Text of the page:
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10 Greatest Misconceptions About Being Vegan, Quashed

Health

I grew up in Israel and Mediterranean is part of my cooking style by default, I come from a house where food was a main subject. My father is Polish and my mother is Romanian. My mother taught me cooking within an Eastern European tradition. As a family we were fortunate to be able to travel and try flavors from around the world, a privilege I'm grateful to be able to continue today.


Estee Raviv. Photo Courtesy of Oy Vey Vegan

I wrote the cookbook Oy Vey Vegan both for those who are already using plant-based recipes and for people who want to make a positive change in their life and have a healthy diet but do not know how. I think of food as preventative medicine.

I wasn't always a vegan chef. When I lived in Israel, I had a high-end custom jewelry business, but I was always attracted to the kitchen. Now I live with my husband and three children in Portland, Oregon. They've taste-tested all of the recipes in Oy Vey Vegan for me. I taught my family the value of good, healthy meals, and exposed them to as much variety as possible. Developing recipes with them is a lot of fun.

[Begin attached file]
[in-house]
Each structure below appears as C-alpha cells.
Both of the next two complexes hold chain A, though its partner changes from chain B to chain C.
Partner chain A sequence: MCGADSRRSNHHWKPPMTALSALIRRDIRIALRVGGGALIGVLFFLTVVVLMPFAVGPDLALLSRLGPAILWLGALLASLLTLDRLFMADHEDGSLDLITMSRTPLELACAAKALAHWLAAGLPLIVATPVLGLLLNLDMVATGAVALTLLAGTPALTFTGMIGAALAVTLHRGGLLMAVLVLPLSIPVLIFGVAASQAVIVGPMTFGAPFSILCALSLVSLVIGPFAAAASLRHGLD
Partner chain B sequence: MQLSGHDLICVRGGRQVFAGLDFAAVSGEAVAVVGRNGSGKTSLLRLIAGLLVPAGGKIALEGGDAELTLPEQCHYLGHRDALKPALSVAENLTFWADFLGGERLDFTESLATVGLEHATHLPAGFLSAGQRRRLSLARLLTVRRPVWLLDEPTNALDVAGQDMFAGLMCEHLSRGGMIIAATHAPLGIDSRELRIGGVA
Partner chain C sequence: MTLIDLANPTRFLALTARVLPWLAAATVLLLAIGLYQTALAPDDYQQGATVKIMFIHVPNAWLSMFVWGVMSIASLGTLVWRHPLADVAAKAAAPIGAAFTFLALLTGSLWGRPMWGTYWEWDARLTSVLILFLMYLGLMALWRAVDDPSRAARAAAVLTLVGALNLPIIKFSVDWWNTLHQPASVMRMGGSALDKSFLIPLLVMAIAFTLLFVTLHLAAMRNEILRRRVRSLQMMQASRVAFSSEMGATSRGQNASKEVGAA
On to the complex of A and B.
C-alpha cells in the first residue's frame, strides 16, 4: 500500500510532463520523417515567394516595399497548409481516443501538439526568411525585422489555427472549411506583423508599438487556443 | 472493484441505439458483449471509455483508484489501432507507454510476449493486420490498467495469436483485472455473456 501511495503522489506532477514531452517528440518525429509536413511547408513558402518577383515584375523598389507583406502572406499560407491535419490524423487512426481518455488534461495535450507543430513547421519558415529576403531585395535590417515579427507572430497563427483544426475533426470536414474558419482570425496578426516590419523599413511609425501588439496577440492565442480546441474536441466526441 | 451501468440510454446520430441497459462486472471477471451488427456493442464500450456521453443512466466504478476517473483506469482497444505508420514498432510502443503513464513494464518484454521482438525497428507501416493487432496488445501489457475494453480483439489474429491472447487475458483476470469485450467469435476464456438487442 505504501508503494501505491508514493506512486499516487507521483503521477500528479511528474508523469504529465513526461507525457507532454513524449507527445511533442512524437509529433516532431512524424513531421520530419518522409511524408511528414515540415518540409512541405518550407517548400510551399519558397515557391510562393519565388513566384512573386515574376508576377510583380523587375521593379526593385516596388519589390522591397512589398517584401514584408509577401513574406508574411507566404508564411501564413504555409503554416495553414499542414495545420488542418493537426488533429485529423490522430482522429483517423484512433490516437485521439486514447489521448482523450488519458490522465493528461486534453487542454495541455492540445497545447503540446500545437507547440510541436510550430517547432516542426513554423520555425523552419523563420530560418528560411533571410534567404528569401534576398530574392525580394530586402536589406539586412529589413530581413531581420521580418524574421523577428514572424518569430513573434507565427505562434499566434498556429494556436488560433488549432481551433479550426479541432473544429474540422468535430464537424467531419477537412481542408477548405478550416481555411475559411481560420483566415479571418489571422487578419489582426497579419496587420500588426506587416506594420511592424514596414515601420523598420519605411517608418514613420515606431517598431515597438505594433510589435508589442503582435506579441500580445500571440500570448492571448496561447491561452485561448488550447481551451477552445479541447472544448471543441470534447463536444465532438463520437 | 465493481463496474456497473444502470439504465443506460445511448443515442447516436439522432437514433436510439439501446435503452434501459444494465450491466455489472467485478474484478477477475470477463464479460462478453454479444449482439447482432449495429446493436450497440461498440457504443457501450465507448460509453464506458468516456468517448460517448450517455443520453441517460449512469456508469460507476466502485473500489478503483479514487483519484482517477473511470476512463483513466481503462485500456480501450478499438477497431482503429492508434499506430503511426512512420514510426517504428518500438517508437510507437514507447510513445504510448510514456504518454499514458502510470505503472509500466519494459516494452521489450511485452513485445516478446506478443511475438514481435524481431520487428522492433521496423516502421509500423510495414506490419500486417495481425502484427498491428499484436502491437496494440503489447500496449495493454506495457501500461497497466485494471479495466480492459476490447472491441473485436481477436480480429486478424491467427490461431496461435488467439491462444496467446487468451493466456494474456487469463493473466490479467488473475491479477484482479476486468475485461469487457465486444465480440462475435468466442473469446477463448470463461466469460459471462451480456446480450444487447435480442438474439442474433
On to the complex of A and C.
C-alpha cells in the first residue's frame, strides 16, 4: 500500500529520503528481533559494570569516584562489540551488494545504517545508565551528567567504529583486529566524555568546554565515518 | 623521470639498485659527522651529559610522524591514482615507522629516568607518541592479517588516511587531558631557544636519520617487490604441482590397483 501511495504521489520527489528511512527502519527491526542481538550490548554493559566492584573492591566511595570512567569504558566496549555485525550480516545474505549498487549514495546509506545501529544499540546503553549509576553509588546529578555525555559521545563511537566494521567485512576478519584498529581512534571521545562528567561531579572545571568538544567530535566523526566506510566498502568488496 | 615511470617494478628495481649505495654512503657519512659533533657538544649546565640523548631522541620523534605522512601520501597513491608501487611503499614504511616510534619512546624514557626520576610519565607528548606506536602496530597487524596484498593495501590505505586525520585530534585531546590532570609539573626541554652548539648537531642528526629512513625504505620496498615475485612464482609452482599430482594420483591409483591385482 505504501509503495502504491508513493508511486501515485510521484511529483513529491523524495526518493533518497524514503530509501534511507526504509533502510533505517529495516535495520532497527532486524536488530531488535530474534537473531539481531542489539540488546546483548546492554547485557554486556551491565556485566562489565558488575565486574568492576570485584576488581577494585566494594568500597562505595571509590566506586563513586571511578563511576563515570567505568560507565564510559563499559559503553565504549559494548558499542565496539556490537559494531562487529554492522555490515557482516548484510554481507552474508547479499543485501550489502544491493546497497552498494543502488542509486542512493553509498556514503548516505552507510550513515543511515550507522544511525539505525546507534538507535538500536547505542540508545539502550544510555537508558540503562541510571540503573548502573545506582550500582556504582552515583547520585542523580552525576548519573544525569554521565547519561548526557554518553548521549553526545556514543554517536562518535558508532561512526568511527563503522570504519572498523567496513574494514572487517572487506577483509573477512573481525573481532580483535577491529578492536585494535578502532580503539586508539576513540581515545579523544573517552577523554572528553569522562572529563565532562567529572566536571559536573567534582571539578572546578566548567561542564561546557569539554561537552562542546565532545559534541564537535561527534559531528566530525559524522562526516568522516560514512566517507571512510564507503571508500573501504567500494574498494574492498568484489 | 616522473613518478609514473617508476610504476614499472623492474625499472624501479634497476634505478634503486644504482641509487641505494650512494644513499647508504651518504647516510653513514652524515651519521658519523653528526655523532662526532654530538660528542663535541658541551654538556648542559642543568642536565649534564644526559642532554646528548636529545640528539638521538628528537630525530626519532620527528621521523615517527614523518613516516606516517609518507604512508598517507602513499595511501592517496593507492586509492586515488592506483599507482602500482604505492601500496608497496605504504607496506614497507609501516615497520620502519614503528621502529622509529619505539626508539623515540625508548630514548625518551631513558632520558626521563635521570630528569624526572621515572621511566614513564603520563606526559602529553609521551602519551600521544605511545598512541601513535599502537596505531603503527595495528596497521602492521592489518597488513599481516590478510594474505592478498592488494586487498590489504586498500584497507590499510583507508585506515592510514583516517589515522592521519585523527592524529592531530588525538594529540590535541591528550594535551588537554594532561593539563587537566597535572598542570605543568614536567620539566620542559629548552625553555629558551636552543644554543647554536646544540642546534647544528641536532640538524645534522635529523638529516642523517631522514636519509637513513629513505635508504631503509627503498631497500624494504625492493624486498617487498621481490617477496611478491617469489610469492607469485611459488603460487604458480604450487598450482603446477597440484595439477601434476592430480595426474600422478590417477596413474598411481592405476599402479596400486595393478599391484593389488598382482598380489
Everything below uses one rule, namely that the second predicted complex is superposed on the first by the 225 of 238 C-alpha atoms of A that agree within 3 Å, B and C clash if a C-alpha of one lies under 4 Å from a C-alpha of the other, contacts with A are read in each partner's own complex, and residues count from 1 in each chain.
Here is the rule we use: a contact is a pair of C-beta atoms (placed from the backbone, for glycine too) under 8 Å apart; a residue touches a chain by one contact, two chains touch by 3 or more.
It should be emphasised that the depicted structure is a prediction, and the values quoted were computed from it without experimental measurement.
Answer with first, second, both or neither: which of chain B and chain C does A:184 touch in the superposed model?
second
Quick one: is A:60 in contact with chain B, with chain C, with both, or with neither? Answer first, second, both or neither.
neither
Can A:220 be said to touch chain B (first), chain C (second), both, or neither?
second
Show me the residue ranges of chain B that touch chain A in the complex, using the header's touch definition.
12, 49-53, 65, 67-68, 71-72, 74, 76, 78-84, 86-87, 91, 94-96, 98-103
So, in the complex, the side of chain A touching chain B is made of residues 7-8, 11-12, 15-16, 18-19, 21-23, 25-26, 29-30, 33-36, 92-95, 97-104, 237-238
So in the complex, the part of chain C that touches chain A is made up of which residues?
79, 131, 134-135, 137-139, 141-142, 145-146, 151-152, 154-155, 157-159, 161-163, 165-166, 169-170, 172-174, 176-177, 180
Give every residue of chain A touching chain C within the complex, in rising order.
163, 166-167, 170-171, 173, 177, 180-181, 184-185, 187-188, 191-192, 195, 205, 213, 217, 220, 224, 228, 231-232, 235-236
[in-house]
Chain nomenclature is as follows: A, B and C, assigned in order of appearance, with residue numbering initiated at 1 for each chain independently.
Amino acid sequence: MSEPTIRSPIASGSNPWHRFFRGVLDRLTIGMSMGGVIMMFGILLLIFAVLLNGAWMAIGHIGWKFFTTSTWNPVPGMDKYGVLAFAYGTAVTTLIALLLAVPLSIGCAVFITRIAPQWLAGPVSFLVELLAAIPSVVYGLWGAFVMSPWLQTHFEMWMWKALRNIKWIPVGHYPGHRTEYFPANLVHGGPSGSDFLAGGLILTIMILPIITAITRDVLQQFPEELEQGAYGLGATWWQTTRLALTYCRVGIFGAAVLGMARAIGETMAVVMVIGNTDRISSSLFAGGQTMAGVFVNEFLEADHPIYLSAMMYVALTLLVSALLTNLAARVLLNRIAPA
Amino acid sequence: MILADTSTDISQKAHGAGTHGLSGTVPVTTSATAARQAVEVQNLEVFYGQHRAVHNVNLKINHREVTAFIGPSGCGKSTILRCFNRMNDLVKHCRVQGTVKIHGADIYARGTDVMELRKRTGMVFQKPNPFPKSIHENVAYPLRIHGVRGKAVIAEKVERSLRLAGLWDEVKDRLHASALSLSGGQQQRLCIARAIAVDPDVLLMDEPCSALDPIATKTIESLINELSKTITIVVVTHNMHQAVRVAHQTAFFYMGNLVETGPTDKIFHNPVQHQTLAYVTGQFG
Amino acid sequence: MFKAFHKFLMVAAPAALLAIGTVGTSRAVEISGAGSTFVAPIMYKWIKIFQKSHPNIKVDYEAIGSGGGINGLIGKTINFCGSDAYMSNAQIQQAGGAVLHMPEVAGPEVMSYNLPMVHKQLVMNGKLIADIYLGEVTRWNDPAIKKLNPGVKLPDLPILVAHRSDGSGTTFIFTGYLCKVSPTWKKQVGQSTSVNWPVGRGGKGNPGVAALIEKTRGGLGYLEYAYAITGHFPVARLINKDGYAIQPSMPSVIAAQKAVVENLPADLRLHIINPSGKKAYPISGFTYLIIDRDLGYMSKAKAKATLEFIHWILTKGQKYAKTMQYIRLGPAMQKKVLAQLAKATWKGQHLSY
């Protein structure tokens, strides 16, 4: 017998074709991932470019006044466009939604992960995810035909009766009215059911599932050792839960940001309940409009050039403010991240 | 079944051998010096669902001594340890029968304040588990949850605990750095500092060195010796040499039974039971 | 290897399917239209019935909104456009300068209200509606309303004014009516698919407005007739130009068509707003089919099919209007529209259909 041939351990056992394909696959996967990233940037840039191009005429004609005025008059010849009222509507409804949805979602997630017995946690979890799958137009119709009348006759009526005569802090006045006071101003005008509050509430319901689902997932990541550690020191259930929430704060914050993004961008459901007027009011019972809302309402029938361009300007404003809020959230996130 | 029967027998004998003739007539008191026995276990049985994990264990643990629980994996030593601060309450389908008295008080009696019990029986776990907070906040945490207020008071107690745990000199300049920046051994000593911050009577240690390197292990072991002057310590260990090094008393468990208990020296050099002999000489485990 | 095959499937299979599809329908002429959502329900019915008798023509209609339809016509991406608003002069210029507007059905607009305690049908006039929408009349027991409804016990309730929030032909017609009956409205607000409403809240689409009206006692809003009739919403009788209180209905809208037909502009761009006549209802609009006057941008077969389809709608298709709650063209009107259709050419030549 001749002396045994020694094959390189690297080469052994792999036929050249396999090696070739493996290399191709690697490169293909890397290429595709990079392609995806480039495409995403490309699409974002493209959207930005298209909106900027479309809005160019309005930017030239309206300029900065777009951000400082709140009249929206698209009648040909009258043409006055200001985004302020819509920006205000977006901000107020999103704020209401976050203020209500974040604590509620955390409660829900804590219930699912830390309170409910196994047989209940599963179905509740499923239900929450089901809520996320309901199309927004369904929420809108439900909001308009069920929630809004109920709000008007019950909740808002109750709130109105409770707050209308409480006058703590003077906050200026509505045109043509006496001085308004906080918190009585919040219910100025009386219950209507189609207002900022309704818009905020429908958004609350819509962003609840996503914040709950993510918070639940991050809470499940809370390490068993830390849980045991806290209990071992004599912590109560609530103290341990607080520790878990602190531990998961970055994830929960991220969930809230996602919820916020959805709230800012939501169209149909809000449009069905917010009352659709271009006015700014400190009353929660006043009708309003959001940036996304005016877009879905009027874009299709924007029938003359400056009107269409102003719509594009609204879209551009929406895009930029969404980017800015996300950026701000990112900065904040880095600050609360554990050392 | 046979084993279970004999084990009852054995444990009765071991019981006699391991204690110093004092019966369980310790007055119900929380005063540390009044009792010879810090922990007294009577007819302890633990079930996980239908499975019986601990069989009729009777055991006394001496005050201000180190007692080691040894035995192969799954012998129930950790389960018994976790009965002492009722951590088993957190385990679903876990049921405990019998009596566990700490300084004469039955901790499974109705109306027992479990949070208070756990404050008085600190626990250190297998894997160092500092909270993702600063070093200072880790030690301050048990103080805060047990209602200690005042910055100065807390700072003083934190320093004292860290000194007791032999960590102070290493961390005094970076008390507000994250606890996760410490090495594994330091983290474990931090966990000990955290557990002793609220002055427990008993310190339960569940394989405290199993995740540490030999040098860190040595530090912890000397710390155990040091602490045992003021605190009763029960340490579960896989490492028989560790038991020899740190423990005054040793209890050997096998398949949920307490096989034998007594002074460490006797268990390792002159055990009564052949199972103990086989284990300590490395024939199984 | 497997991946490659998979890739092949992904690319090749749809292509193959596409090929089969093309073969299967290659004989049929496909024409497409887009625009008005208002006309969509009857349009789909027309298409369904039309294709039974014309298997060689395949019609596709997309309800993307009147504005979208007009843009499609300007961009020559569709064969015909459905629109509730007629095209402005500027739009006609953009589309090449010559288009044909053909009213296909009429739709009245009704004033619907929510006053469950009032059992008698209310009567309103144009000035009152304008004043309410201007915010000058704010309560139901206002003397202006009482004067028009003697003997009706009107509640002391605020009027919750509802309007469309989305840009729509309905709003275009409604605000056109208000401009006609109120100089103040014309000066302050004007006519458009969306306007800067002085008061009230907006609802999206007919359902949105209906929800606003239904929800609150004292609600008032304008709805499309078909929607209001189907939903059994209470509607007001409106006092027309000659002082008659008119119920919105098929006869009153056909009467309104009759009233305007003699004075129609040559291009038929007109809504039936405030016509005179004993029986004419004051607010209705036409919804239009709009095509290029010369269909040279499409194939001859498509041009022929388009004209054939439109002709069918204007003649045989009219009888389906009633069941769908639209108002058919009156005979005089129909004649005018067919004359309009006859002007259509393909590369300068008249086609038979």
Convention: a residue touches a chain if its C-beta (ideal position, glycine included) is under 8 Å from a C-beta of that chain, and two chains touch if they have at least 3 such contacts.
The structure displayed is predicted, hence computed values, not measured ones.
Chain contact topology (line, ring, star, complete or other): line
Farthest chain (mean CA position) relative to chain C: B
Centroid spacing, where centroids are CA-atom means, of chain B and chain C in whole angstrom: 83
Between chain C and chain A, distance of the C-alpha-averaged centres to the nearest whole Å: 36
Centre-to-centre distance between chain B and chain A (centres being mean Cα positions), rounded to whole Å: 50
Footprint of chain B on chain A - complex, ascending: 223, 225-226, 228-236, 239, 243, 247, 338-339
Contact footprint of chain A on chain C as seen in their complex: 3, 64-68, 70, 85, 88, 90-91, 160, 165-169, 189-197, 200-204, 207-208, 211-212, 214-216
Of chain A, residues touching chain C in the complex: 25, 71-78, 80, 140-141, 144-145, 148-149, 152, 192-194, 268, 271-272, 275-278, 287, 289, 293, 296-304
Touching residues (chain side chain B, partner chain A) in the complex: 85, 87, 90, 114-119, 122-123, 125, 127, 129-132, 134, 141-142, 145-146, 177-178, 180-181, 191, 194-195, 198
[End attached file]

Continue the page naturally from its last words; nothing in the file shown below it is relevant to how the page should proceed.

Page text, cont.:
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Making the change to a plant-based diet made me feel a lot better. It completely changed my life. First of all, my energy levels increased. For the first time in my life my digestive system was working as designed. People don't like to talk about their digestive problems but it is so important to keep your body balanced. When I stopped eating dairy, my skin became so much healthier, smoother. After completing my research, I discovered for sure that dairy is what caused my acne. I want to tell the world that if you have skin problems, stop eating dairy; your skin will get better in no time.

Becoming vegan opened my eyes to a whole new, fascinating world. I learned so much about ingredients and how foods can heal.

Here are ten misconceptions people have about being vegan.

1. Eating vegan food is not satisfying or filling.

If you eat whole grains, a vegan diet is very filling. Eating enough plant-based protein such as tempeh, tofu, and legumes combined with vegetables will leave you satisfied.